How The Other Half Loves

Review by Willard Manus

Alan Ayckbourn has become the Odyssey Theatre Ensemble's favorite playwright, thanks largely to director Barry Philips, who has mounted four of Ayckbourn's works for the company: A Chorus of Disapproval, Things We Do For Love, Communicating Doors and the play under review, HOW THE OTHER HALF LOVES. The British-born Philips (a skilled actor in his own right) has a special way with Ayckbourn that has led to long runs at the Odyssey each time out. Judging from the audience response to HOW THE OTHER HALF LOVES--2 1/2 hours of almost non-stop laughter--the love affair between OTE and Ayckbourn will continue unabated.

Ayckbourn, who works out of his own theatre in Scarborough, has written seventy plays and was knighted in 1997 for services to the British theatre. LOVES, his second full-length play, was written in 1969, played on Broadway in 1971 and has been performed around the world ever since.

As OTE's artistic director, Ron Sossi, observes in a program note, "Ayckbourn is a master of 'theatrical device,' always some clever trick upon which the given evening's theatrical event is centered. Revolving doors that transport us through time, sets that only reveal minute portions of the characters' bodies, plays within plays that merge the realities of both actor and character, etc. etc. Some might call these 'gimmicks' and if this is true so be it...for Ayckbourn relishes the invention and childlike 'what ifs?' that are the cornerstone of a truly imaginative theatre."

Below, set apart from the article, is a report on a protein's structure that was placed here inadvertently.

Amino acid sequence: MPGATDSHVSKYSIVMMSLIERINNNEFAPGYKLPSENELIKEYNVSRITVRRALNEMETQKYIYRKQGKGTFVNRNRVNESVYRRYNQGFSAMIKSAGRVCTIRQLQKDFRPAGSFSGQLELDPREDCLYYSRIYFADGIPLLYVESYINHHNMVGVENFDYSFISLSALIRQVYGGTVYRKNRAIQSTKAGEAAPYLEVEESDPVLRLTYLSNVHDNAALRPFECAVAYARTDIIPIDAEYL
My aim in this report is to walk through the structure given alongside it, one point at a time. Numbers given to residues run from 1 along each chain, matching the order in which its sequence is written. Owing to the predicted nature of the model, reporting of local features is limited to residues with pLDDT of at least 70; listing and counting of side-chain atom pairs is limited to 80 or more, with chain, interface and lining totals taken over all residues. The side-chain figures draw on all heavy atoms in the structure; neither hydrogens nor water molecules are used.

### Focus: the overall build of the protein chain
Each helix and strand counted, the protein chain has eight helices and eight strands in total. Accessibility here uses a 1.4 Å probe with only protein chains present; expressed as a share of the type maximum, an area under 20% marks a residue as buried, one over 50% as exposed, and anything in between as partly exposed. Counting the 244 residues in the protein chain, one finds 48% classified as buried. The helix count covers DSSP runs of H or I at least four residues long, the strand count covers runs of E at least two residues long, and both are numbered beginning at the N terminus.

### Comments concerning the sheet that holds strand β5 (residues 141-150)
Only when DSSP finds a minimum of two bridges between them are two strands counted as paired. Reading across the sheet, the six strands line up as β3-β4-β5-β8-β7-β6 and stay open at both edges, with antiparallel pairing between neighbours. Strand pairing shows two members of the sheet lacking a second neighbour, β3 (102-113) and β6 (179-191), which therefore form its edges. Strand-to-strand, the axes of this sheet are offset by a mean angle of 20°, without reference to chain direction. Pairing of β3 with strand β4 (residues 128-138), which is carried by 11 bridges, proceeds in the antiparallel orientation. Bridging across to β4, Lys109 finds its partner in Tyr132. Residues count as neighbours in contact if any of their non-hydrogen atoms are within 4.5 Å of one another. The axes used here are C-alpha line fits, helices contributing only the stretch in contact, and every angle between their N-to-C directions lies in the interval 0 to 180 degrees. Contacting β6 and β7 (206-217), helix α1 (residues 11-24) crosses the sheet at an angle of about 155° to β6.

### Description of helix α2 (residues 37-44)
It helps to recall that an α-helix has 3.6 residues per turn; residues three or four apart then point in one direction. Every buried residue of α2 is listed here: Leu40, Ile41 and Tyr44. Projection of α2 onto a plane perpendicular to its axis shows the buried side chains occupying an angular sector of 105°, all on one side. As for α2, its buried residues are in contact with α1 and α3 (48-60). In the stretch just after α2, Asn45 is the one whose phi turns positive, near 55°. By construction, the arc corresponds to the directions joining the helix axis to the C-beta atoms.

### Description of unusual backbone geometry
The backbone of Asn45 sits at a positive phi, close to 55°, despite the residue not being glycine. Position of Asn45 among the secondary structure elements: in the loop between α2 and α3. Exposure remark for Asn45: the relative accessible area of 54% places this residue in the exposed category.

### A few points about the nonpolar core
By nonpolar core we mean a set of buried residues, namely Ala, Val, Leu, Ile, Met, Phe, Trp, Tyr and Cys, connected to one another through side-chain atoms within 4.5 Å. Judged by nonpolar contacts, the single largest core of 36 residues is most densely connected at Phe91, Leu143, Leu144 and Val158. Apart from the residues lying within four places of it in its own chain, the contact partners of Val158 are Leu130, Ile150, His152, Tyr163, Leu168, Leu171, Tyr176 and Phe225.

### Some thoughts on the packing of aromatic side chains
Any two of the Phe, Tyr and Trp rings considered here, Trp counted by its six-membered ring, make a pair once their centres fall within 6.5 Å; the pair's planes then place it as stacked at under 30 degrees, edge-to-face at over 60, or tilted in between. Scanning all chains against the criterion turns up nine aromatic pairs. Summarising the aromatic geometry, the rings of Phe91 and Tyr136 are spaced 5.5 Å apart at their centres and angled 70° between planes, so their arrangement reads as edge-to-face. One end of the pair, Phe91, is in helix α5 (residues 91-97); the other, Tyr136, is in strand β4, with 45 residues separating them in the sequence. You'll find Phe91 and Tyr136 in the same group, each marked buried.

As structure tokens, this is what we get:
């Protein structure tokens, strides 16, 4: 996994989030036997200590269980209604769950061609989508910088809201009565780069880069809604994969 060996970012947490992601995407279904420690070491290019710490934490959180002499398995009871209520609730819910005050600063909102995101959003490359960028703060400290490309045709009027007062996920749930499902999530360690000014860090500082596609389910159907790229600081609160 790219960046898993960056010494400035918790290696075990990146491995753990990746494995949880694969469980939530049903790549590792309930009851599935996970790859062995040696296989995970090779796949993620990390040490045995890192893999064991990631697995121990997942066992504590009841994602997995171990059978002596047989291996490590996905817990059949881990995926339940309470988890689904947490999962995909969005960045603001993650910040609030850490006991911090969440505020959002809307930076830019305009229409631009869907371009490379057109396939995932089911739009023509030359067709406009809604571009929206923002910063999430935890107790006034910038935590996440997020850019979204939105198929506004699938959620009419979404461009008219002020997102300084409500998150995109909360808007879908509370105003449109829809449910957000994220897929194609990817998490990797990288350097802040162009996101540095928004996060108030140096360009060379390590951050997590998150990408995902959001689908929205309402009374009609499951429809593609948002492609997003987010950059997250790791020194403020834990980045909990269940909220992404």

In LOVES the device involves two married couples who inhabit the same (but split) set. Each lives its own life, sometimes in tandem with the other, sometimes on its own. When their paths cross, they engage in dialogue; when story lines run parallel they don't hear or relate to each other. This makes eavesdroppers or voyeurs of the audience; we can spy on them, but they can't spy on each other.

What puts them in conflict is that old staple of farce: adultery. Fiona Foster (Sarah Brooks) is married to a successful but dull and bumbling businessman (Greg Mullavey), but she's having a love affair with the loutish Bob Phillips (Ron Bottitta), whose slatternly wife Teresa (Tracie Lockwood) is too busy looking after a new baby to notice. A third couple, the Featherstones (Scott Roberts and Kate Hollinshead), gets accidentally caught up in the crossfire and confusions sparked by the Foster/Phillips marital disharmony.

Ayckbourn juggles multiple narrative complications skilfully; Philips and his actors handle the playwright's twisted take on reality with equal assurance and ease. The result is a farce that is as entertaining as it is zany.

Odyssey Theatre Ensemble, 2055 S. Sepulveda Blvd. Call 310-477-2055 or visit